View the Reading Guide


by Eliza Victoria

[Art by V.N. Benedicto]

Page 1

Entire page: nothing but black.

CAPTION: This place is not of this universe.

Page 2 Panel 1

The night sky. No moon, just stars. A tree is in view, branches and leaves waving in the wind. The tree’s branches look old, menacing. You wouldn’t want to sit in its shade.

CAPTION: Here, energy reaches the ground from the atmosphere in bursts, like lightning.

Page 2 Panel 2

Same. Lightning streaks the sky and illuminates the leaves of the tree.

CAPTION: But unlike lightning, the bursts are not connected   to approaching storms, and do not produce thunderclaps.

CAPTION: They cannot be predicted.

Page 2 Panel 3

We are looking at a man (40s) inside his house through a window. There is a table by the window. He is eating dinner. He looks pleased. On his face and body, we can see the outline of the tree in Panel 1. Inside his house we can see flat computer screens on the walls, hanging there like picture frames. On the screens are numbers, images. His furniture is sleek and is made of steel.

There is a small cube lamp hovering in front of him on the table – his source of light.

CAPTION: Most of the time the burst does not hit the ground, and is captured in mid-air, stored, and converted to electricity, to power this world’s cities.

Page 2 Panel 4

The man, startled, looks out the window. We see the shadow of the burst on his face.

CAPTION: But sometimes the energy bursts are strong enough to hit an object.

Page 2 Panel 5

The man is hit by the energy burst.

CAPTION: One Mississippi.

CAPTION: Two Mississippi.

CAPTION: Sometimes, nothing happens.

Page 2 Panel 6

The man sits slumped on his chair.

CAPTION: But sometimes…

Page 3

Entire page. We see the room in more detail. The man bursts out of his clothing, turning into a large centipede.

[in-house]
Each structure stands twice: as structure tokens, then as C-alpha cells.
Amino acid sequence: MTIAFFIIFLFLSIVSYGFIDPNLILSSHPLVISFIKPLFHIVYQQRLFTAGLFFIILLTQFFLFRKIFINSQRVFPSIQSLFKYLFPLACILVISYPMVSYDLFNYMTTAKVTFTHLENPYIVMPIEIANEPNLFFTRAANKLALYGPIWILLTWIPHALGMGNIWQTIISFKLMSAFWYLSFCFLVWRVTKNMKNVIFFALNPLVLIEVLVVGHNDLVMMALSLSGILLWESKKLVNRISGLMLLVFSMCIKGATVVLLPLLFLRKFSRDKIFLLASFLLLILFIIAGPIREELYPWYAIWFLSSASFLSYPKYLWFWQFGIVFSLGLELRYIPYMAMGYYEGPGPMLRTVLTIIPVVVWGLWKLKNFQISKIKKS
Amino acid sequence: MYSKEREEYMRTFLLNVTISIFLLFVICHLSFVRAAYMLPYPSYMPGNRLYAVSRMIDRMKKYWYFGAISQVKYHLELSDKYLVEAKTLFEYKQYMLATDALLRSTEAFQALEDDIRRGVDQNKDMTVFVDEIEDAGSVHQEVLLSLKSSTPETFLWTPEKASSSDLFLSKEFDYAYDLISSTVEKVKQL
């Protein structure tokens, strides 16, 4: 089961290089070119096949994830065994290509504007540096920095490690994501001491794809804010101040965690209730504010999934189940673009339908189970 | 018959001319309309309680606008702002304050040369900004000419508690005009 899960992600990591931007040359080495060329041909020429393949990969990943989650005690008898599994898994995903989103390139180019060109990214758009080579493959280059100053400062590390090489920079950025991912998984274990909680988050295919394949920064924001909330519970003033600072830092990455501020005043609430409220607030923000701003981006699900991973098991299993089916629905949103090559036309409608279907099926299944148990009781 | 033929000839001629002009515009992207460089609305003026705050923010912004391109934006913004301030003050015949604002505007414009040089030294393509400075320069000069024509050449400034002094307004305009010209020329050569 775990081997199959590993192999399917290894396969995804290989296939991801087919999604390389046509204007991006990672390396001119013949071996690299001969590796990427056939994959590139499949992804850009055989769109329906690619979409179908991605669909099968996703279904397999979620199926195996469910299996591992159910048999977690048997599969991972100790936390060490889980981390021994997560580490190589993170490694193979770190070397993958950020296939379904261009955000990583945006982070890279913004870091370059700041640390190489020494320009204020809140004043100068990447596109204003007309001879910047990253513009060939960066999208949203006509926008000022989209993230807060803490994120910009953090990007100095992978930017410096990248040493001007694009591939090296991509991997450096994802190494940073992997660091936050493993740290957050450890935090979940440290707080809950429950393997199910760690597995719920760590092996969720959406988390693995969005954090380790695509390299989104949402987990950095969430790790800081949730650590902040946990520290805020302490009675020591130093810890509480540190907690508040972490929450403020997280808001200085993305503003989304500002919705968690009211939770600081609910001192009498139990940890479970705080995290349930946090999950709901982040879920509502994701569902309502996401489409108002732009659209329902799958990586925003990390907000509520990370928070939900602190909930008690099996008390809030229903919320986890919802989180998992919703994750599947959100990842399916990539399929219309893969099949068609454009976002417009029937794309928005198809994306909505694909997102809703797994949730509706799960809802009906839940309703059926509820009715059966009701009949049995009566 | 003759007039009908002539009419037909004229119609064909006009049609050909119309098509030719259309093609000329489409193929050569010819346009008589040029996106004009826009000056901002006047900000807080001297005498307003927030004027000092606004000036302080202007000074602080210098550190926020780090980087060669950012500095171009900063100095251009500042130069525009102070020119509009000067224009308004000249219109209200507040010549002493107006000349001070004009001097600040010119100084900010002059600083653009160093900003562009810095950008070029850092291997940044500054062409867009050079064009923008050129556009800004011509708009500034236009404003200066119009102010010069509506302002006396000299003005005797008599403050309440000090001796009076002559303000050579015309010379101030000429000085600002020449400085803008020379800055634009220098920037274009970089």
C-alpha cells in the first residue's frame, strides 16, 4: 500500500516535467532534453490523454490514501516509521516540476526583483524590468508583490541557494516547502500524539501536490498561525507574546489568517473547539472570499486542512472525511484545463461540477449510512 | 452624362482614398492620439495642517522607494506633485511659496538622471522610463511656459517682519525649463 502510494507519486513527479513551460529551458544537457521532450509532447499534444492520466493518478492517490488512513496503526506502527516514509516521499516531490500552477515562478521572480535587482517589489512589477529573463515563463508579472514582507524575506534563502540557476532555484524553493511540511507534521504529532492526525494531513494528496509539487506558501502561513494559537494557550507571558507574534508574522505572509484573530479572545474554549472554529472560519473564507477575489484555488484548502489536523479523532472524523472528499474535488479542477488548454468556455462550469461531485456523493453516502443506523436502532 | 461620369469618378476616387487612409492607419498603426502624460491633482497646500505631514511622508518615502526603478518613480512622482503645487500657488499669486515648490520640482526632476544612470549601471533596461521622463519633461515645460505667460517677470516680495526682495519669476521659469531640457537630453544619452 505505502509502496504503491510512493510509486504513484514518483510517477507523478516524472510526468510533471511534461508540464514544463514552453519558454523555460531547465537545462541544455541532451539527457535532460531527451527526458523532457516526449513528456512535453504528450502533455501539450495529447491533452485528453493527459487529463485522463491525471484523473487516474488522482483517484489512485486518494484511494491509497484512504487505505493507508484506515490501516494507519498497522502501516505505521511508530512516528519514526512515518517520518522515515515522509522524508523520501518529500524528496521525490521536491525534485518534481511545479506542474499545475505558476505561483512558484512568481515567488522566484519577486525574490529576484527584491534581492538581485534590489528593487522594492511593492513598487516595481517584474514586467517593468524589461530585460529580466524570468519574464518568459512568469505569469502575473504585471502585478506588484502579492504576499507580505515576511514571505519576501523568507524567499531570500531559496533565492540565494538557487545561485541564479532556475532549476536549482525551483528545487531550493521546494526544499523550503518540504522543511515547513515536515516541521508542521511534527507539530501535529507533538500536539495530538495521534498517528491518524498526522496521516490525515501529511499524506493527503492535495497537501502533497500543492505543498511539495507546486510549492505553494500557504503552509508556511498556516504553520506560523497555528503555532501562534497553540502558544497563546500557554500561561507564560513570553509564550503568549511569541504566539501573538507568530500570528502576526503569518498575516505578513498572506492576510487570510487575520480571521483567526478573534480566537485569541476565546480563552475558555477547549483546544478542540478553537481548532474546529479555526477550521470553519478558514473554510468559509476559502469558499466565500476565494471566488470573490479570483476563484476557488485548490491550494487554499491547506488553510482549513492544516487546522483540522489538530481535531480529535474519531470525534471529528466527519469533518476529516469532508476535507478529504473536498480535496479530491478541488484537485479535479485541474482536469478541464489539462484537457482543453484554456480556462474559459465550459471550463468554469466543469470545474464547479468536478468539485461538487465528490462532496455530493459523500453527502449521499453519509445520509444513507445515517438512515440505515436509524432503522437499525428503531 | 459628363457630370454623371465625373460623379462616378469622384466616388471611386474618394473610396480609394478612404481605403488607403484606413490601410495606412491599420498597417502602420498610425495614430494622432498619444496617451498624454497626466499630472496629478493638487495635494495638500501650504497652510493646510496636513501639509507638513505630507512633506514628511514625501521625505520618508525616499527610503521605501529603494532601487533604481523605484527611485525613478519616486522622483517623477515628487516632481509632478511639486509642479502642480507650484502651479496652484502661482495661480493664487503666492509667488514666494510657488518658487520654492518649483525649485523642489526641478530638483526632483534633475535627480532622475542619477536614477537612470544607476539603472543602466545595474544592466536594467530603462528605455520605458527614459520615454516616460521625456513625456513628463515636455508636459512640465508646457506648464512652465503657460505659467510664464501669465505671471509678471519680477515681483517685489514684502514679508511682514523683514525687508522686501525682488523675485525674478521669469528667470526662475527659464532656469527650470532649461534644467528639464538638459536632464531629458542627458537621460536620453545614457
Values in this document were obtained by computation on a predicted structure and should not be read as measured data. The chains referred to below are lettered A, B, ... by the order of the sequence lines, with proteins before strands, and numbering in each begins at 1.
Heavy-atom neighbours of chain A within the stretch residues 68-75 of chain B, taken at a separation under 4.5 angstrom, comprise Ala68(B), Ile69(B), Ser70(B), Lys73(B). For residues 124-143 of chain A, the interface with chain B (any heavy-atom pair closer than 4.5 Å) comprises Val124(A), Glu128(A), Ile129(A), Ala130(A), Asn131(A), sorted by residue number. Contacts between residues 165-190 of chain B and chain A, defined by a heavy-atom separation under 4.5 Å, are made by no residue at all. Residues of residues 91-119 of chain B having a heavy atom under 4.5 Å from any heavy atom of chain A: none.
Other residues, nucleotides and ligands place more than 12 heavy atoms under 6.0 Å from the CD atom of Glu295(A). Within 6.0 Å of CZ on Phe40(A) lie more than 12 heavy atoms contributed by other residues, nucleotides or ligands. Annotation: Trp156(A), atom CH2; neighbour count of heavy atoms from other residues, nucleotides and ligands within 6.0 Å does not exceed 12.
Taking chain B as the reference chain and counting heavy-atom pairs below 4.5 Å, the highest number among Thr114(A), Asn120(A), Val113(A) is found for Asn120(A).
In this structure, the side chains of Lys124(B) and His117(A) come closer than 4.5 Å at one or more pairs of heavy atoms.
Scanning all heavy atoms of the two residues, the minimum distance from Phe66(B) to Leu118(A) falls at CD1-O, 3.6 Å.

CAPTION: The people of this world call such transformations Anomalies.

Bottom of the page contains an editorial box with the title and credits. This is titled, “The Anomaly”.

There was a man who had been coming to Burgers Burgers Tasty Burgers every day ever since Tom began working there–what? A month ago? Even Tom couldn’t tell anymore. He used to joke to his shift-mates–mostly students, college graduates in job-hunting limbo, and fired call center agents–that Burgers Burgers Tasty Burgers had a name so godawful that it could bend time, or at least destroy a person’s perception of time. “It’s possible that I’ve been here for a million years,” Tom would say. And that man too, had been here for a million years. Tom’s shift-mates wondered why the man kept coming back. The burgers at Burgers Burgers Tasty Burgers were cheap but they weren’t that tasty.

It wasn’t Tom who first noticed him. Once, Jonas tripped over the man’s shoe, and the customer helped Jonas pick up the empty soda cans and French fries cartons and crumpled burger wrappers from the floor (Jonas was clearing tables then), apologizing profusely, as though he had done Jonas a great wrong.

“So of course I remembered him,” Jonas had told them, when he pointed the man out. “And I’ve kept an eye on him. He always sits on that cushioned chair by the glass wall.”

“You remembered him because he was nice?” said George.

“No,” said Jonas, who came to the restaurant’s foundation party three weeks ago in a pink wig and a magenta gown, “I remembered him because he was incredibly cute.” He turned to Tom. “He looked a bit like you.”

“I wonder what you are really trying to say, Jonas,” Tom said with a smile, and Jonas giggled behind a hand.

“You should probably get his number,” Mary said.

“Or at least his name,” George said.

“Ay, ateng, he might move to McDonald’s,” Jonas said. “And we’ve lost so many clients to McDonald’s.”

“Yeah, I’ve heard they have better burgers,” Tom said, which they all thought was pretty funny.

The man, (whom Jonas liked to call TBM – The  Tasty Burgers Man) was clean-shaven and silent, and looked young enough to be in his twenties, although the wrinkles Mary had seen on his face when she’d brought an order to his table could mean he was in his thirties, or under extreme stress. He was a habitual customer, but not a creature of habit:  sometimes he’d come early in the morning and order coffee or an entire breakfast meal, sometimes he’d come very late at night when the tables were usually empty, or during merienda, when the restaurant merely served as an air-conditioned sanctuary from the summer heat. The only constant was that he would come, every single day.